After all the parts are sanded, I dry fitted everything together to make sure the bench looked right. I wanted the tenons to have a mechanical fastener along with the glue, so I drilled two 1/4″ holes through the side of the legs going through the tenons.

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I grabbed some scrap oak and split a few splitters of wood with a chisel. The pins run down the grain making them exceptionally stronger since the grain follows the strength of the wood. I sized the pins by punching them through my Lie-Nielsen dowel plate. I shaved the pins a little bit with my spoke shave so they would start to fit through the 1/4″ hole of the dowel plate. Once the pin starts to fit in the hole, I pound the hell out of it.

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After I was satisfied with the way the bench stretcher fitted to the legs, I started gluing and screwing everything together, I placed glue of the pins and inserted them into the tenons of the bench. I didn’t bother draw boring the holes of the tenon. I was already satisfied with the tightness of the joint.

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The bench was painted a duck egg blue and waxed over top. The next bench I make will probably be a different color. Maybe a black or grey as neutrals are always popular.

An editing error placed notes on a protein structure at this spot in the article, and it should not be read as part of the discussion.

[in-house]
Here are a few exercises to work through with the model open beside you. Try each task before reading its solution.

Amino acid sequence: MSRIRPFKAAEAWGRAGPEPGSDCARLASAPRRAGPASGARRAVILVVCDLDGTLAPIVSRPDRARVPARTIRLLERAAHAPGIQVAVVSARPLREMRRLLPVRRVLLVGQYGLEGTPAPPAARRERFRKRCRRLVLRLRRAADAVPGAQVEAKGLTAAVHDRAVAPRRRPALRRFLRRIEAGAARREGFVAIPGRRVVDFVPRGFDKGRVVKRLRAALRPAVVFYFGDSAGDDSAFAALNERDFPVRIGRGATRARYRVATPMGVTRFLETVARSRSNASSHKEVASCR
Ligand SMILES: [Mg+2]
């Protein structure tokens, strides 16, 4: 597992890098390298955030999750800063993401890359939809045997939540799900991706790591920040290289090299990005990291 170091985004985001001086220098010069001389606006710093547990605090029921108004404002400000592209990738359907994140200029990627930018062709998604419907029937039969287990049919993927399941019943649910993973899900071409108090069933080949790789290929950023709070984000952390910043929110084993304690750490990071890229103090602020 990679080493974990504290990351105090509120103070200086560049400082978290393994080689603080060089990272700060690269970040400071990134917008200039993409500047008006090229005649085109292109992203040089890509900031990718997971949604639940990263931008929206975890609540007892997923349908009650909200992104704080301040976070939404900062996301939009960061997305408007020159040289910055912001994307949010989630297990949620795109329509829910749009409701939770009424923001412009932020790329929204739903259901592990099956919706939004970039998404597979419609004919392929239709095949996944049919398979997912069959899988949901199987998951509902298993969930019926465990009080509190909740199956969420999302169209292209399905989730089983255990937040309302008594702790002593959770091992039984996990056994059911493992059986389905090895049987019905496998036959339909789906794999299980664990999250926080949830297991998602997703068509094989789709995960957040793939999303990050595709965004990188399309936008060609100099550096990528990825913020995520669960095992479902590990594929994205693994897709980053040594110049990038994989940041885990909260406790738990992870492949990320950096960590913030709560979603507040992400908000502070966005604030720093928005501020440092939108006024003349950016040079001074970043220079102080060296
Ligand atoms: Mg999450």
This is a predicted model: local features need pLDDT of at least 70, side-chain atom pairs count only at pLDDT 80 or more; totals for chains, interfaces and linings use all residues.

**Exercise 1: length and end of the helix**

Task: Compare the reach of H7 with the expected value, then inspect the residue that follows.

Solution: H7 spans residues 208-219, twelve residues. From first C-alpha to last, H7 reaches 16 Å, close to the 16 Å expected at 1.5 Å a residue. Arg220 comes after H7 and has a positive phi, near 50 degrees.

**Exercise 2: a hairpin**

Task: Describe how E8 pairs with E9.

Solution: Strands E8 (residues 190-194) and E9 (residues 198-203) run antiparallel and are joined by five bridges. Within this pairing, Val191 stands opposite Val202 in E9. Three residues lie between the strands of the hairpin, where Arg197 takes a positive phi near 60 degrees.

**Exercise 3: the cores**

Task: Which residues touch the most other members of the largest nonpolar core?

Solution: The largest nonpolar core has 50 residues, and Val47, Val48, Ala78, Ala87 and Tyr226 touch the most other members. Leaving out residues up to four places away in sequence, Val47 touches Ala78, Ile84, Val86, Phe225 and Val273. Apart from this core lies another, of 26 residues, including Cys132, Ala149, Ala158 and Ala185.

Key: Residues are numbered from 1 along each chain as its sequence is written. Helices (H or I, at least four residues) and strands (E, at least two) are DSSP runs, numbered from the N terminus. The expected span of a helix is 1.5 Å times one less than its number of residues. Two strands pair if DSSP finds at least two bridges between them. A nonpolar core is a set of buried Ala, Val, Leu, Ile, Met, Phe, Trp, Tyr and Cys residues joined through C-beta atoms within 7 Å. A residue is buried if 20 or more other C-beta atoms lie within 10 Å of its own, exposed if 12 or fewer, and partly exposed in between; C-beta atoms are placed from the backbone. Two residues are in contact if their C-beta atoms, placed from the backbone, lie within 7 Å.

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You can see the detail of the top where the scrub plane left little ridges in the wood giving the bench a bit of detail. It definitely looks better than having a plain board for the seat of the bench.

 

A $6.00 Side Table

This is the side table I just made last week painted and all finished. My wife painted it with chalk paint and added a stencil to to the top. I think it turned out really well. It was made with from a 2×8 southern yellow pine board I bought from Lowe’s for $6.00. We plan on giving it away to our local PBS station so they can auction it off in their annual pledge drive Action Auction next month. We’re going to split the donation; I as the builder, MVFlaim Furnituremaker and my wife Anita as the painter, Bella Chic Decor. It’ll be intersting to see how it does.